The three leads deliver superb performances. Katherine's story does get a little more attention than Dorothy and Mary, but the latter two are not neglected. There's solid work from Kirsten Dunst in a supporting role. And a superb turn from Kevin Costner as Harrison, the man in charge of things. A man who can adapt far better to changing times than maths man Paul Stafford [Jim Parsons]. An interesting turn from Jim Parsons as Stafford is somewhat like Sheldon Cooper, but without the dismissive superiority, and he has even less ability to handle change than Sheldon ever did.

Glen Powell also stands out, with a superbly charismatic turn as John Glenn.

The empowerment side of this is spot on. And like all of that, it's a message that doesn't have to be specific to any gender or anyone else. It's something anyone can take heart from if you are open enough to do so. The film does manage to get beautifully emotional at points, particularly the opening introduction to Katherine, but it also has to cram in lots of exposition scenes. These don't get you in the same way, but they work fine anyhow.

The score as mentioned is nicely sixties, although the tone of it in some of the scenes of the effects of segregation isn't quite what you might expect. But you get used to it.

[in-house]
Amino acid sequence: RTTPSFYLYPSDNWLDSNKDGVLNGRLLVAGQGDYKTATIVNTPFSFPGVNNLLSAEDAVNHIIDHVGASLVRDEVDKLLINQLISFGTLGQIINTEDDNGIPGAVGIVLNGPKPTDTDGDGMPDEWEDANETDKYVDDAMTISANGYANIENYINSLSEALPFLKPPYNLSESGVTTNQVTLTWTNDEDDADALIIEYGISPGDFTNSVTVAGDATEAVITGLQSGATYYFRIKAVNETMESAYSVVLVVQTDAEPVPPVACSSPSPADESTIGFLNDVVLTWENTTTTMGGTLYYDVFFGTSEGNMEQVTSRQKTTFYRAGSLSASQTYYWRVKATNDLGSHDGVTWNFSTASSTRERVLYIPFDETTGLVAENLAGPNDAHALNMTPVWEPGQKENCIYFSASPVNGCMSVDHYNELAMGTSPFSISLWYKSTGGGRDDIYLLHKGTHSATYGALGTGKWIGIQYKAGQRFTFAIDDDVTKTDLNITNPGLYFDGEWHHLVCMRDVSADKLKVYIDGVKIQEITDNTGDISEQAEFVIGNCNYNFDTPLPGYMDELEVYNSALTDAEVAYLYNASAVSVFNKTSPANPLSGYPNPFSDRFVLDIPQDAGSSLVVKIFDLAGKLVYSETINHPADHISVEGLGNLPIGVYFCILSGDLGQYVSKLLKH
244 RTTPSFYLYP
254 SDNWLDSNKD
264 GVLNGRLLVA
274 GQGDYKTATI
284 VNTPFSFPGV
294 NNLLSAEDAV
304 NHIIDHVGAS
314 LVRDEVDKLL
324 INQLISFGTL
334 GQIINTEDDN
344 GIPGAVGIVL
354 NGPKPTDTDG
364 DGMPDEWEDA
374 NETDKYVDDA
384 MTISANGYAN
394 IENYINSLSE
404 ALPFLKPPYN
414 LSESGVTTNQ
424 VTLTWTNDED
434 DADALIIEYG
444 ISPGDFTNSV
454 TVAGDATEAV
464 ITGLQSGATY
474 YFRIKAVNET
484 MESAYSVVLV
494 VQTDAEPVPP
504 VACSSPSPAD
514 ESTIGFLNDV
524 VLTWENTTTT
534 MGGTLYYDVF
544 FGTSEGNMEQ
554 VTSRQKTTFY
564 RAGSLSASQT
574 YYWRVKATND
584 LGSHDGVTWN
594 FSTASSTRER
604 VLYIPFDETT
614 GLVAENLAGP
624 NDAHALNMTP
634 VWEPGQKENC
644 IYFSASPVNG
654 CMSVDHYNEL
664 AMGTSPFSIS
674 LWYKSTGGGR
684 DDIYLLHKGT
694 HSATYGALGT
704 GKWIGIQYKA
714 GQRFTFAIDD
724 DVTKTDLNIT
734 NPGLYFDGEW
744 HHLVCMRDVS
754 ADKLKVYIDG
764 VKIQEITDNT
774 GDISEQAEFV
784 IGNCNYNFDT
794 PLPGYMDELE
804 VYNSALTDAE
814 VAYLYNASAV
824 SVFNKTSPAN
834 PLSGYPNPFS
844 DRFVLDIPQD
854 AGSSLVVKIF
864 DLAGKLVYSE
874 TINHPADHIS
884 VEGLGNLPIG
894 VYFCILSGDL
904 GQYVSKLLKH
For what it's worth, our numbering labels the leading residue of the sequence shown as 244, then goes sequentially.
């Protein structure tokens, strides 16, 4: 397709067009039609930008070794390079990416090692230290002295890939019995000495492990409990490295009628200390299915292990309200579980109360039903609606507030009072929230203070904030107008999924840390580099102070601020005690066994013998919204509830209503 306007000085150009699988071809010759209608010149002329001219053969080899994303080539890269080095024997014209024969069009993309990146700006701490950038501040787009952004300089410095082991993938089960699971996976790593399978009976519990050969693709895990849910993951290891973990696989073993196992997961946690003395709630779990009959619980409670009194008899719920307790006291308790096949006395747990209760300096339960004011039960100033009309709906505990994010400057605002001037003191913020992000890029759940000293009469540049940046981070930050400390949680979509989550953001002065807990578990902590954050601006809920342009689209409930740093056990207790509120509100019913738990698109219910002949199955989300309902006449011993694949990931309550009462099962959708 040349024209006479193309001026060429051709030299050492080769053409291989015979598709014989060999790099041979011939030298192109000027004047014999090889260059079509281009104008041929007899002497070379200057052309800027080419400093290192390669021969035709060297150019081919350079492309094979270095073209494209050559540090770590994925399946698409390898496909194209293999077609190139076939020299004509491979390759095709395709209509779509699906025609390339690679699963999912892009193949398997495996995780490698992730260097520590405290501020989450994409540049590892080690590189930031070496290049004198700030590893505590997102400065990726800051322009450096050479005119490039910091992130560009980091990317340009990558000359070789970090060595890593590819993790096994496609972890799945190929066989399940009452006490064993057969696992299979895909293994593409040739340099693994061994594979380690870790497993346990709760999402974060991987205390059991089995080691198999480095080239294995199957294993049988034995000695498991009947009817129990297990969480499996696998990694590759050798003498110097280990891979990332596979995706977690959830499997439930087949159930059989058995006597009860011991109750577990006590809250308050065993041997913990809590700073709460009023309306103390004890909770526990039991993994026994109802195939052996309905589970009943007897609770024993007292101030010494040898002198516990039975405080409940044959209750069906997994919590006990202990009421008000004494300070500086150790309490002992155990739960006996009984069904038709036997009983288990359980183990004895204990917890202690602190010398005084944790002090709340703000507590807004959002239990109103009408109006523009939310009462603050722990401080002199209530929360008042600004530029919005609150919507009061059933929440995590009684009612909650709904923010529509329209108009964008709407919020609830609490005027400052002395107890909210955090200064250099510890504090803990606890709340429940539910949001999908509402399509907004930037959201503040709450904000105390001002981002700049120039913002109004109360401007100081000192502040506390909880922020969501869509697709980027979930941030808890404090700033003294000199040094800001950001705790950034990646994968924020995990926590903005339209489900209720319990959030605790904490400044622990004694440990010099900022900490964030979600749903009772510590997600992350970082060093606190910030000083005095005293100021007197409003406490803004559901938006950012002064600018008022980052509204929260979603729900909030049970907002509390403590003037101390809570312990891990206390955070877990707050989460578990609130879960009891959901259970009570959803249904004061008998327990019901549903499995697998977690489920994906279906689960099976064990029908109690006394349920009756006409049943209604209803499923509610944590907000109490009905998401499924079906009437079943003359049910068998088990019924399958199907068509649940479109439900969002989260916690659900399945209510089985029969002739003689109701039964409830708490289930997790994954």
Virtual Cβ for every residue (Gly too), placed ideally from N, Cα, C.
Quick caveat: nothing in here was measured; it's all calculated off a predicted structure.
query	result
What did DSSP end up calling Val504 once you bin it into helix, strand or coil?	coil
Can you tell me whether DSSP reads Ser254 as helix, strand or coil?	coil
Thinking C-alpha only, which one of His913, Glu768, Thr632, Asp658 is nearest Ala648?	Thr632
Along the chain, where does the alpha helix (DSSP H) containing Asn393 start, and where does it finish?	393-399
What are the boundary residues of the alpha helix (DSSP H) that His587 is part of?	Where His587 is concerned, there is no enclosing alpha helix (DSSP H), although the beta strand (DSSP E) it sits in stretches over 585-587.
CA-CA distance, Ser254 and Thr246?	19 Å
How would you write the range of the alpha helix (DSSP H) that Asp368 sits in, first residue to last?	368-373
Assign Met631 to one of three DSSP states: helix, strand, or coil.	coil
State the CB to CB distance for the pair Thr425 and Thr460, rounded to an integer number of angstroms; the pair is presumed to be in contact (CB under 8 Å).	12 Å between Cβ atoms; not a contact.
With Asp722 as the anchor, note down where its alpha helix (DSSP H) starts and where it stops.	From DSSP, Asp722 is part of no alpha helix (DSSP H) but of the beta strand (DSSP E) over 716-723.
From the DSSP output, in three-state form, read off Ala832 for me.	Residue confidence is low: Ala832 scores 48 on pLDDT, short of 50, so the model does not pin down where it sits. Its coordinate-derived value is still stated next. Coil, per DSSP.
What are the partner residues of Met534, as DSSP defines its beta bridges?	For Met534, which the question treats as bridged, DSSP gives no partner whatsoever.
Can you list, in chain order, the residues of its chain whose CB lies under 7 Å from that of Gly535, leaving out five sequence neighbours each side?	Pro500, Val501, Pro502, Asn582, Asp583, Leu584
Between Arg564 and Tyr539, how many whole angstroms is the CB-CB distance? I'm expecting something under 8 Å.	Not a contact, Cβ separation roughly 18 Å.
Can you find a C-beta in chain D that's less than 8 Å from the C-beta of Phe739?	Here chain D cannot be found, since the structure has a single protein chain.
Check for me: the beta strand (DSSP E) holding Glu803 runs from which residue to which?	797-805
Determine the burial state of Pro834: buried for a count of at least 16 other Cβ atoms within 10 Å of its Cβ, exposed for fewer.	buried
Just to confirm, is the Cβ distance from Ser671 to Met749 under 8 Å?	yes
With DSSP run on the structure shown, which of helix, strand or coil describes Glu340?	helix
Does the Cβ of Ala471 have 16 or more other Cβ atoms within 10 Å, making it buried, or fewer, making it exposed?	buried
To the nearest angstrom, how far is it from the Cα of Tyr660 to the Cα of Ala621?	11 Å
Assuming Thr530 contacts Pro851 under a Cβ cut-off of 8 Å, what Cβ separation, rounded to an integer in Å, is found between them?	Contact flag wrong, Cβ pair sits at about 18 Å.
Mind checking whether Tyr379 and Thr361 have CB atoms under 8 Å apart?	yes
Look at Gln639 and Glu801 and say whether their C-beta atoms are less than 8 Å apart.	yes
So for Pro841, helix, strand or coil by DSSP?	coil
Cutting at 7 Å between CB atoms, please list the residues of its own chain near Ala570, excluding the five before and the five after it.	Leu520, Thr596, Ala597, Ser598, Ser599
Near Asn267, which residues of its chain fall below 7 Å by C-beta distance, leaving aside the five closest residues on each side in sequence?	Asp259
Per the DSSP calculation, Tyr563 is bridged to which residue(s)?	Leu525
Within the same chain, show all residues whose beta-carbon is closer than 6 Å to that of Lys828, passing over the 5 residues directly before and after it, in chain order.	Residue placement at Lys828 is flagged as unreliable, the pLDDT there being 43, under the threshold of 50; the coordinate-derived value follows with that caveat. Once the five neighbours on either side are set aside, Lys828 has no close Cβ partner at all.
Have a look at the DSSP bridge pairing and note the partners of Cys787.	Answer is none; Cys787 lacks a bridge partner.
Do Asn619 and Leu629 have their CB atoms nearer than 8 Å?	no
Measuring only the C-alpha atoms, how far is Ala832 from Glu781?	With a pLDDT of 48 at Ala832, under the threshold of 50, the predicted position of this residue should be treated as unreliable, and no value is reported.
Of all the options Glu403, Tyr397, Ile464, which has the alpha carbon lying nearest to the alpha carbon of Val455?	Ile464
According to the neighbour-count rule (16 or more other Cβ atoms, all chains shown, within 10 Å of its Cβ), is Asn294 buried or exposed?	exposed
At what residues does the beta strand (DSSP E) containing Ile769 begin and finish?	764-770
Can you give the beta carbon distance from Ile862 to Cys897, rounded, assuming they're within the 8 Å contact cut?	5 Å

Great history, and the story of three remarkable people that really deserved to be told. It does them justice.

The dvd begins with a short anti piracy ad which can't be skipped, but then goes into the main menu,

Although the box just says English for language and subtitle options, the disc actually has slightly more:

Languages: English. Castilian Spanish. English audio captioned.
Subtitles: English, Castilian Spanish, Finnish, Norwegian, Swedish.

Extras:

A stills gallery.
A commentary from the director and the lady who plays Katherine.

No limits - the life of Katherine Johnson. An eleven minute long look at her life and the film project itself. An absorbing and interesting watch.
Moving the decimal - honouring Katherine Johnson. A six minute long tribute. The first half of which is specifically about her, and might leave you with something stuck in your eye. The second is more about the film, but still good.
Filming in Georgia. Six minutes about the experience of the movie shoot and the locations they used. A good watch.
16 people found this helpful
HimynameisReviewed in the United Kingdom on 10 December 2018
5.0 out of 5 stars
Excellent Film! More Important Than Black Panther
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I love this film! It is such a necessity for Black people to see as it is based on historical people. When I saw it at the cinema, I remember feeling emotional at the end when the real women are shown during the credits. The acting is good and well produced and directed. I don't care much of Pharrell's involvement in the score, but he did put together a lot of nice things although at times I feel the music makes it lighthearted while at the root of this film is a dark subject matter which Black people are still facing. I also did not like the portrayal of most of the white characters who were made to look like they had minor prejudices with some bad apples thrown in. After all, those workers hid those people and took credit for their lives work. Lastly, I wish this had been as big or bigger than Black Panther because this film is far more important for everyone to see.